This month’s feature is contributed by Annabelle Lukin (Macquarie University) and Rodrigo Araújo e Castro (Universidade Minas Gerais/Macquarie University). They introduce a newly available corpus, based on the key texts of international war law, now available to be searched using corpus linguistics techniques. This corpus enables critical law scholars and linguists to collaborate on studies of c.170 years of international war law, informed by both legal and linguistic theories and methods.
Every text makes its mark on the world. Some marks are like a small ripple on a pond, while others, like the texts of international war law, are like powerful waves, as they set the legal framework for the use of lethal violence by nation states. These texts construct a semiotic universe in which, among other extreme forms of human behaviour, the killing of children can either be given legal imprimatur, or can be labelled a ‘war crime’.
To enable better interdisciplinary collaboration on these key texts, we have created the Macquarie Laws of War Corpus (MQLWC), based on the texts included by the International Committee of the Red Cross (ICRC) in their International Humanitarian Law Database.
The MQLWC is hosted by the Sydney Corpus Lab. It begins with the 1856 Paris Declaration Respecting Maritime Law, the first open-ended multilateral treaty to which any state could become a party. The most recent document is the latest amendment to the Rome Statute (2019), the legal instrument which established the International Criminal Court, the body with responsibility for trying individuals charged with war crimes, crimes against humanity, crimes of aggression, and genocide.
Figure 1: a sample of concordance lines for “civilian” in the MQLWC
The corpus includes a total of 110 texts, nearly 392K words, and can be searched using basic corpus linguistic techniques such as word frequencies (see Table 1 for top 20 lexical items in the MQLWC), text dispersion, concordances and collocations. The corpus can also be searched by the categories to which these documents are assigned by the ICRC, such as ‘victims of armed conflicts’, ‘methods and means of warfare’, ‘criminal repression’, etc. The data set can also be downloaded to use in other programs, such as #Lancsbox or Voyant Tools.
Table 1: Twenty most frequent lexical (content) items in the MQLWC
Because the data is tagged by year of adoption, diachronic questions (i.e., how do patterns change over the time period of almost 170 years of the data?) can be asked. Figure 2, using Voyant Tools, compares the words ‘military*’ and ‘civilian*’ (with the asterisk denoting that the search includes all related word forms, e.g., ‘civilian/s’), and shows the relative dominance of ‘military’ over ‘civilian’ in international war law, and that ‘civilian’ grows as a preoccupation of international war law over time.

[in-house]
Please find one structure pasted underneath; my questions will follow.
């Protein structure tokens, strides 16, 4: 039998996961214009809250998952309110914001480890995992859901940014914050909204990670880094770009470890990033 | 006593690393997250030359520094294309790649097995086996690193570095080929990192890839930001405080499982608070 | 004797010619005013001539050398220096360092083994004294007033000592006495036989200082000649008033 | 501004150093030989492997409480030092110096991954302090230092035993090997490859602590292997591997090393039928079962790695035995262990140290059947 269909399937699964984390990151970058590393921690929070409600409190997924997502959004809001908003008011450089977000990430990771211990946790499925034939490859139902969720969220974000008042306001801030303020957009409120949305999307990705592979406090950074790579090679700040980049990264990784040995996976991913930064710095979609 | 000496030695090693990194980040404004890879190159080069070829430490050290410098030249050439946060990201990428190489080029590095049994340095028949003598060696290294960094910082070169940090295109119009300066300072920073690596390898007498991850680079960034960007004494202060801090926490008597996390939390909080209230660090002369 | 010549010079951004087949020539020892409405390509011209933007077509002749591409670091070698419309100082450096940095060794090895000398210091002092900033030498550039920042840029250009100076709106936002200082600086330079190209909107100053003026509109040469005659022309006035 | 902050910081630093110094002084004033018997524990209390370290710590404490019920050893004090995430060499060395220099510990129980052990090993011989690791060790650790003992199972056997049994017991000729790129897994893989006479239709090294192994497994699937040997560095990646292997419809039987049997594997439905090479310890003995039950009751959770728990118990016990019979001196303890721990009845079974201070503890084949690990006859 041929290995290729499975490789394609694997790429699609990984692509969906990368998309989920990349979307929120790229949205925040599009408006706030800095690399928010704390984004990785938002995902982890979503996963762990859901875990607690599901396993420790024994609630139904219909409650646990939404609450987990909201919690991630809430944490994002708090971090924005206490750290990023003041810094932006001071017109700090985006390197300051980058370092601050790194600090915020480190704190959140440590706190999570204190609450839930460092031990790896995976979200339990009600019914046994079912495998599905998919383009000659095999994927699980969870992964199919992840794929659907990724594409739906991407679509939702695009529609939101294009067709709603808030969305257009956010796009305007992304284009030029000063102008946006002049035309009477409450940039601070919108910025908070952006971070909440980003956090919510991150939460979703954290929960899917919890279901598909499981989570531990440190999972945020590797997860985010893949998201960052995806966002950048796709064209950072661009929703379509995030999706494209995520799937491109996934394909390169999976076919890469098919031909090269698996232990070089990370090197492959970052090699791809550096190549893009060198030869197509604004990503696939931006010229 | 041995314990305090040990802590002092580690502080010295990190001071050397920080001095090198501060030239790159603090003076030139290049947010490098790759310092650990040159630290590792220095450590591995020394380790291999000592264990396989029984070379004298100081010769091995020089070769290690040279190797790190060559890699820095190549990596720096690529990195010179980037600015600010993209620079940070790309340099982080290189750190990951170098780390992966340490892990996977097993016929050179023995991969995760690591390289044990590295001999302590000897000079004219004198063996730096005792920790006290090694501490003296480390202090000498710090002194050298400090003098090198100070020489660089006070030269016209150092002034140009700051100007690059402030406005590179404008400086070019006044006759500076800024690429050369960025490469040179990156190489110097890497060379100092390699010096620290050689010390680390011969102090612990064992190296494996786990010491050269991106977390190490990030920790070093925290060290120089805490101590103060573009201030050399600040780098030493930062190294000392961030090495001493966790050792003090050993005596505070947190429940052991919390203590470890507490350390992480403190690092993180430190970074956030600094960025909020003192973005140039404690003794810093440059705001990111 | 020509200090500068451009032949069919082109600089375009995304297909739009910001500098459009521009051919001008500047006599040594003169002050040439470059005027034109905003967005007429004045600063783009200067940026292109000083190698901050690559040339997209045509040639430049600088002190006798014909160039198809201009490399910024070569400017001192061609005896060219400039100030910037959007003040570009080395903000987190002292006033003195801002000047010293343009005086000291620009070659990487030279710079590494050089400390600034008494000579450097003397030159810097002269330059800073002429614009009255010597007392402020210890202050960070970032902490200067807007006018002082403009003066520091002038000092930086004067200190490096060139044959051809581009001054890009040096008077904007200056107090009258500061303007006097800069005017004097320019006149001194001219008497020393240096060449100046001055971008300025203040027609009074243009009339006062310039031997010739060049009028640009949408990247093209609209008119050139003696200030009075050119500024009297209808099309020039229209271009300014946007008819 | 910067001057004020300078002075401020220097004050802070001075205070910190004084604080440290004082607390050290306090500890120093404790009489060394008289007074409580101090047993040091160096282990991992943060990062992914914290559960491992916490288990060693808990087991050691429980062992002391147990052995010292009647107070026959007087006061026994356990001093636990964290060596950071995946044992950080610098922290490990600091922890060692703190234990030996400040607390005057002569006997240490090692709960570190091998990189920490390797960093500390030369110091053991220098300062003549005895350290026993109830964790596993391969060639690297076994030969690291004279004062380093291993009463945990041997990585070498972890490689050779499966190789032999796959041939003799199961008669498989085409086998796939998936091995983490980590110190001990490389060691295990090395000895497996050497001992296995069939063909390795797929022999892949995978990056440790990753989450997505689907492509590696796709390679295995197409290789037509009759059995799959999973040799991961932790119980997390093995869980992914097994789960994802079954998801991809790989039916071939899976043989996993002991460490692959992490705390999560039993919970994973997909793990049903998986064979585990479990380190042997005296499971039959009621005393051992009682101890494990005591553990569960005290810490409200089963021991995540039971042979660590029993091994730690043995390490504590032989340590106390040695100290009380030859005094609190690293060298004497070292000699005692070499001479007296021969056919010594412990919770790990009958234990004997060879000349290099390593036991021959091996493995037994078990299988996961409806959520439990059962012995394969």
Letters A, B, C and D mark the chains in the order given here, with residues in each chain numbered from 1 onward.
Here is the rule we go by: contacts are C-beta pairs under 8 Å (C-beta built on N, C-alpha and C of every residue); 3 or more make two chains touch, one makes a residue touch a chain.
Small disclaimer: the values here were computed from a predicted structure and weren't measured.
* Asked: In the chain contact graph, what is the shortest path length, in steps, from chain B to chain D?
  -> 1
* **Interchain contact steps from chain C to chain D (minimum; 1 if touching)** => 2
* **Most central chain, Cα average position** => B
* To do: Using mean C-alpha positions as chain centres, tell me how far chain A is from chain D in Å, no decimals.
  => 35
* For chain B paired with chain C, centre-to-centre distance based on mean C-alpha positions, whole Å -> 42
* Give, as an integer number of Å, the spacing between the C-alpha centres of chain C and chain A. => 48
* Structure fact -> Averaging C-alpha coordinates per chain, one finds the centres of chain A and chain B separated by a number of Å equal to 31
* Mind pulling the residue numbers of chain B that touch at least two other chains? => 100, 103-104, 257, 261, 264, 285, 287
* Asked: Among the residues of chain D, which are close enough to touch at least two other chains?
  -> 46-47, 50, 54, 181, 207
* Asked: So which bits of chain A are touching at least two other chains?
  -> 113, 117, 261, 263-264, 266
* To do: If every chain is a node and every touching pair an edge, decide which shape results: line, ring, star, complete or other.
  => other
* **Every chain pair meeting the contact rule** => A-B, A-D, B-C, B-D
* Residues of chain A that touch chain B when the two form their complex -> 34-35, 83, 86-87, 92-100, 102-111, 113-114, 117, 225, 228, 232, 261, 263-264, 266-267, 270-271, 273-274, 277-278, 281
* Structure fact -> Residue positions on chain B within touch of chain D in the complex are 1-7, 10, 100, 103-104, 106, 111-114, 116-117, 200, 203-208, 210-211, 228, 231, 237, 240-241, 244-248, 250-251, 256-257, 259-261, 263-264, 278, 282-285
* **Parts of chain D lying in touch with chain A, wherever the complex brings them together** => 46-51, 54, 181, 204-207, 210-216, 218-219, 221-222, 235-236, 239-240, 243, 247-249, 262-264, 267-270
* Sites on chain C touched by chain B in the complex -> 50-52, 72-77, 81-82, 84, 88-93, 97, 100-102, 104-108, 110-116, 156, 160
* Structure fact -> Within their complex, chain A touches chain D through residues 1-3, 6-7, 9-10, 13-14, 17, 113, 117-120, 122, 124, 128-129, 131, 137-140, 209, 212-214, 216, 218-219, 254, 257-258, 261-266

Figure 2: Comparing ‘military*’ and ‘civilian*’ across the timeline of international war law
Collocational searches allow us to see the typical words that accompany key words in these texts. Collocates are crucial to understanding the meaning of a word, and the way it is being used in a particular register. With a program like #Lancsbox, we can visualise the collocates of a word, and investigate whether it has proximity to another key word. Figure 3 compares two words, ‘violence’ (on the left) with ‘war’ (on the right). The diagram shows how distinct these two words are in this corpus, with ‘war being a clearly dominant concept, and ‘violence’ being kept at a distance from ‘war’ – a finding that echoes studies of other data. Despite what should be a logical association, we continue to use ‘war’ in a way that protects it from the negative semantics of ‘violence’.
Figure 3: Collocations of ‘violence’ and ‘war’ in the MQLWC
To find out more, read our recently published paper where we give examples of how this corpus can be used to understand the powerful role of the laws of war, not only in restraining geopolitical violence, but also in very clear ways enabling and legitimating it.